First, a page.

Inspectors of both roundness and surface finish on cylindrical components benefit. Instead of two instruments, two operators and two sets of measurement results, inspection can be done on one instrument by one operator with significant savings of time and money plus improved measurement consistency.

This system is particularly helpful to manufacturers of crankshafts and camshafts. These products can be very difficult and time consuming to measure using conventional surface finish instruments. A crankshaft, for example, can take several hours to inspect the mains, pins, journals, thrust walls and flange. Then the part has to be passed to another instrument to have roundness and geometry checked on all the same features.

For small components such as fuel injectors, both roundness and roughness tolerances are so tight that even slight deviations in one characteristic will cause deviations in the other. "With traditional instruments it's a ‘chicken and egg' dilemma trying to figure out if roughness or roundness is the culprit," Brem says. "This system checks both at once to greatly speed the inspection process and to much more accurately pinpoint the source of the problem."

Three-dimensional cylindrical mapping of wear scars aids research and development; 3-D analysis of machining defects helps refine the manufacturing process. Source: Taylor Hobson Inc.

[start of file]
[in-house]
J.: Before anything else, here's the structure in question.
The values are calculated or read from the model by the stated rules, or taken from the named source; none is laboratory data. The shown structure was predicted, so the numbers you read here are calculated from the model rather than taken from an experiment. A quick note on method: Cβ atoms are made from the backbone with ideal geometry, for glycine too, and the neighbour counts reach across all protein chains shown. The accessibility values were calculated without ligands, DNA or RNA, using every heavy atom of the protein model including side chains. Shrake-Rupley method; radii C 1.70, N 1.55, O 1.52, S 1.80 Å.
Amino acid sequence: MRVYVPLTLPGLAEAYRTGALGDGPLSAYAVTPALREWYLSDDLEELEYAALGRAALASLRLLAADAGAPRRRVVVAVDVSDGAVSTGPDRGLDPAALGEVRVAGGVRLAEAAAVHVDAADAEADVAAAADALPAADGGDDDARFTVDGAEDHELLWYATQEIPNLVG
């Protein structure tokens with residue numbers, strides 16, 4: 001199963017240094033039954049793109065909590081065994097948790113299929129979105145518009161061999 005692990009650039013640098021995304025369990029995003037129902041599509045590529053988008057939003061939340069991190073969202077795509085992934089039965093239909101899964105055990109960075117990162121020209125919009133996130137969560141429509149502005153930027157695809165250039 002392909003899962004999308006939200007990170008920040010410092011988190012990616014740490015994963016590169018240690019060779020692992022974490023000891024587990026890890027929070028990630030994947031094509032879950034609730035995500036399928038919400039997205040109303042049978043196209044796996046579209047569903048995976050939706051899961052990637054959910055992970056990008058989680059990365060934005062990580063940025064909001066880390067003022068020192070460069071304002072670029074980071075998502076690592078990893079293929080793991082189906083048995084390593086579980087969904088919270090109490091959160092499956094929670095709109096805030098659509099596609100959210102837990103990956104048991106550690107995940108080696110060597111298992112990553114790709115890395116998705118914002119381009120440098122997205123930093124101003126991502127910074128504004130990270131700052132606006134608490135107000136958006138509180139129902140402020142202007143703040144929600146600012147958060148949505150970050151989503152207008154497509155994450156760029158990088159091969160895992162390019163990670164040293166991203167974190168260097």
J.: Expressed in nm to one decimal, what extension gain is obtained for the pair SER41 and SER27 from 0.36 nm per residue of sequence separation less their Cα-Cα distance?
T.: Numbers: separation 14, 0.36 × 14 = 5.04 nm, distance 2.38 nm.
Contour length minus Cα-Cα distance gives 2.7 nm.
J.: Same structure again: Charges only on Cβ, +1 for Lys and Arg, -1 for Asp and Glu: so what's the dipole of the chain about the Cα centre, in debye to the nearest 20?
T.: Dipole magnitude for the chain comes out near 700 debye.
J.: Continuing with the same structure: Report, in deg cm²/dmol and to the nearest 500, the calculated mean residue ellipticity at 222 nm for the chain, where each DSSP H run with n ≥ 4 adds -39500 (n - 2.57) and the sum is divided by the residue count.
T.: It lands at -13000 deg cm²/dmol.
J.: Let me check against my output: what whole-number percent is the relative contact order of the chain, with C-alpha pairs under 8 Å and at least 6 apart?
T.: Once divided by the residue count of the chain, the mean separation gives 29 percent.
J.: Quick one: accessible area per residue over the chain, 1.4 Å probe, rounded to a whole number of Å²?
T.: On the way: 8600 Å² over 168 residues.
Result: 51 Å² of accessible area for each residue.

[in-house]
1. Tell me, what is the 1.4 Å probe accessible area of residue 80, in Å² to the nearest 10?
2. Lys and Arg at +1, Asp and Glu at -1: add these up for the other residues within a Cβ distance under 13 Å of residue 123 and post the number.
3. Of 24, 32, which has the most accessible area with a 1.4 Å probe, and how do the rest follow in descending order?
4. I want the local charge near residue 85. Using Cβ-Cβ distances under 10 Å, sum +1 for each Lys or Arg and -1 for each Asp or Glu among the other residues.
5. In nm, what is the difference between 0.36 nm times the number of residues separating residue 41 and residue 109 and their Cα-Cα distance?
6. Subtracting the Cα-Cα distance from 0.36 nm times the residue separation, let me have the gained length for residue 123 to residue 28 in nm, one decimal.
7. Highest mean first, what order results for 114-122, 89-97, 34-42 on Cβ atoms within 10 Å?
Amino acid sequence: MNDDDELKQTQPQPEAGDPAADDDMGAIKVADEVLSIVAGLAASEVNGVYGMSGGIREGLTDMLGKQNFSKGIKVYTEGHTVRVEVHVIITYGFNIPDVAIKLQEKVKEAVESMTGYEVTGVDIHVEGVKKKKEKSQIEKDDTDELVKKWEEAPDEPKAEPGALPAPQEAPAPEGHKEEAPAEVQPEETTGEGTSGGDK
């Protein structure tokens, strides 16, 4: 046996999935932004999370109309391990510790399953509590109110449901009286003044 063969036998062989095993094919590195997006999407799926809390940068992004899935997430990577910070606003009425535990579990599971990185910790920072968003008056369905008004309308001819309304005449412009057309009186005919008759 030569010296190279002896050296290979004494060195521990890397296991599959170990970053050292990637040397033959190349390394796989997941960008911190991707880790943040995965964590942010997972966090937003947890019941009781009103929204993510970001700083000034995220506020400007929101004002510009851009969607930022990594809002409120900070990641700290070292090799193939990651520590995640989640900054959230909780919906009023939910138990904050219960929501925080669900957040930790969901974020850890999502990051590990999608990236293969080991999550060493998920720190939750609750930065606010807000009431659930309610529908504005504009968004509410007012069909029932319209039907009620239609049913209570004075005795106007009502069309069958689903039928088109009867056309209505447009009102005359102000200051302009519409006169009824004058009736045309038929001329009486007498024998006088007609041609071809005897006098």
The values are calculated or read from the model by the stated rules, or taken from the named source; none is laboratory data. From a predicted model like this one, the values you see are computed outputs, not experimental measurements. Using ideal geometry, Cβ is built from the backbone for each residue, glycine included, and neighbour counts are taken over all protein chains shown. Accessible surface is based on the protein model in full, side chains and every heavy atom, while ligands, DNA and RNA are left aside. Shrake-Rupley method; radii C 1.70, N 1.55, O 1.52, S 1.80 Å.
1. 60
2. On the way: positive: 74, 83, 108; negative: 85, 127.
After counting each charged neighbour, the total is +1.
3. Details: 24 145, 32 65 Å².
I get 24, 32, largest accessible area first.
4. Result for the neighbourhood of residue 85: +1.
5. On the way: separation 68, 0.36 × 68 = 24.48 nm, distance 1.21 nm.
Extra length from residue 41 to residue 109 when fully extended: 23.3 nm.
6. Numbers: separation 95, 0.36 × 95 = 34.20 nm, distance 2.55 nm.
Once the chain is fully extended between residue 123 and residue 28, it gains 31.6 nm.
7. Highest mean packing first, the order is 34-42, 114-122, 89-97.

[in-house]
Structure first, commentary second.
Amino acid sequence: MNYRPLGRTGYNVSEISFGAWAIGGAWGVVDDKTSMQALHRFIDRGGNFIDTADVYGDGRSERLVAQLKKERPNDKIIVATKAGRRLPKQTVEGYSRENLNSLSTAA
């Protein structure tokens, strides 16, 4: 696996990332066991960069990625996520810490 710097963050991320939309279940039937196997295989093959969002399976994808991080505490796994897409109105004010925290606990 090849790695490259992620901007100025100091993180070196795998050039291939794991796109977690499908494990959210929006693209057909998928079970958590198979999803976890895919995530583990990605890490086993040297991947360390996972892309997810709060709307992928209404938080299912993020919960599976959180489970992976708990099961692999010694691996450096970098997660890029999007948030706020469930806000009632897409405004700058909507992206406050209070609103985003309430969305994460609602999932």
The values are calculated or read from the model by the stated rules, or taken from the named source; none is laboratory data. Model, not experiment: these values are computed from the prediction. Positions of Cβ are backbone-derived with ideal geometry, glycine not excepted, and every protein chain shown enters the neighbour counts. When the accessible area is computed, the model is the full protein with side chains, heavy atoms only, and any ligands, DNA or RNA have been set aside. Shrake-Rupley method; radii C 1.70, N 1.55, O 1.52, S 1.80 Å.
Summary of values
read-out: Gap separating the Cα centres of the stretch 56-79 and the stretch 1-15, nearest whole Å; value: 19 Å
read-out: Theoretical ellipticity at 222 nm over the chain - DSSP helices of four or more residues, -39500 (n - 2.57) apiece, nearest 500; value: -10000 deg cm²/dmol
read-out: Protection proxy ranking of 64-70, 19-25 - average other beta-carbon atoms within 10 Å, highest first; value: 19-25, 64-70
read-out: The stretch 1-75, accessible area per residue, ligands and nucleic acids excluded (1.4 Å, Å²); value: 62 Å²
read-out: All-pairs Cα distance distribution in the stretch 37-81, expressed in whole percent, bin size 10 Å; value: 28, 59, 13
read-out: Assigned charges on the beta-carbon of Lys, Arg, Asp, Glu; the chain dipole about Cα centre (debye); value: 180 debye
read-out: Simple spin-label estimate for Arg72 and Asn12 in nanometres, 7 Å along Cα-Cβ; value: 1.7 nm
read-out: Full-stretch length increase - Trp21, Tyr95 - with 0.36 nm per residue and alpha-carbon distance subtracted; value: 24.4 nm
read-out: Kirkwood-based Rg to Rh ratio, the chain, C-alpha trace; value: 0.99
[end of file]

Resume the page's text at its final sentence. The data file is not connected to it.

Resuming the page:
An automatic follow feature ties movement of the gage head to movement of the horizontal positioning arm. As the gage approaches an over-range condition, the arm will move to return the gage to its null position. The process is seamless and will repeat itself as often as necessary to effectively increase the gage range from ±1 to 200 millimeters, which is the length of travel of the horizontal arm. This feature is ideal for checking form on such things as camshaft lobes. It also simplifies fixturing of a workpiece, because automatic centering and leveling can be carried out no matter how eccentric the part may be to the rotating spindle.

Other key technology factors include:

- 200,000 data points-0.25 micrometer spacing-in the vertical and horizontal measuring axes.

- 0.15 micrometer/100 millimeter straightness uncertainty in the vertical and horizontal axes.

- 0.25 millimeter and 0.5 millimeter measuring speeds to comply with international standards.

- Low instrument noise-less than

30 nanometers.

The above specifications are comparable to most dedicated roughness checking instruments. The following features are not available at all on traditional surface finish instruments, but are available on the Talyrond 365:

- 72,000 data points-0.005 degree spacing-in the rotary axis for circumferential roughness.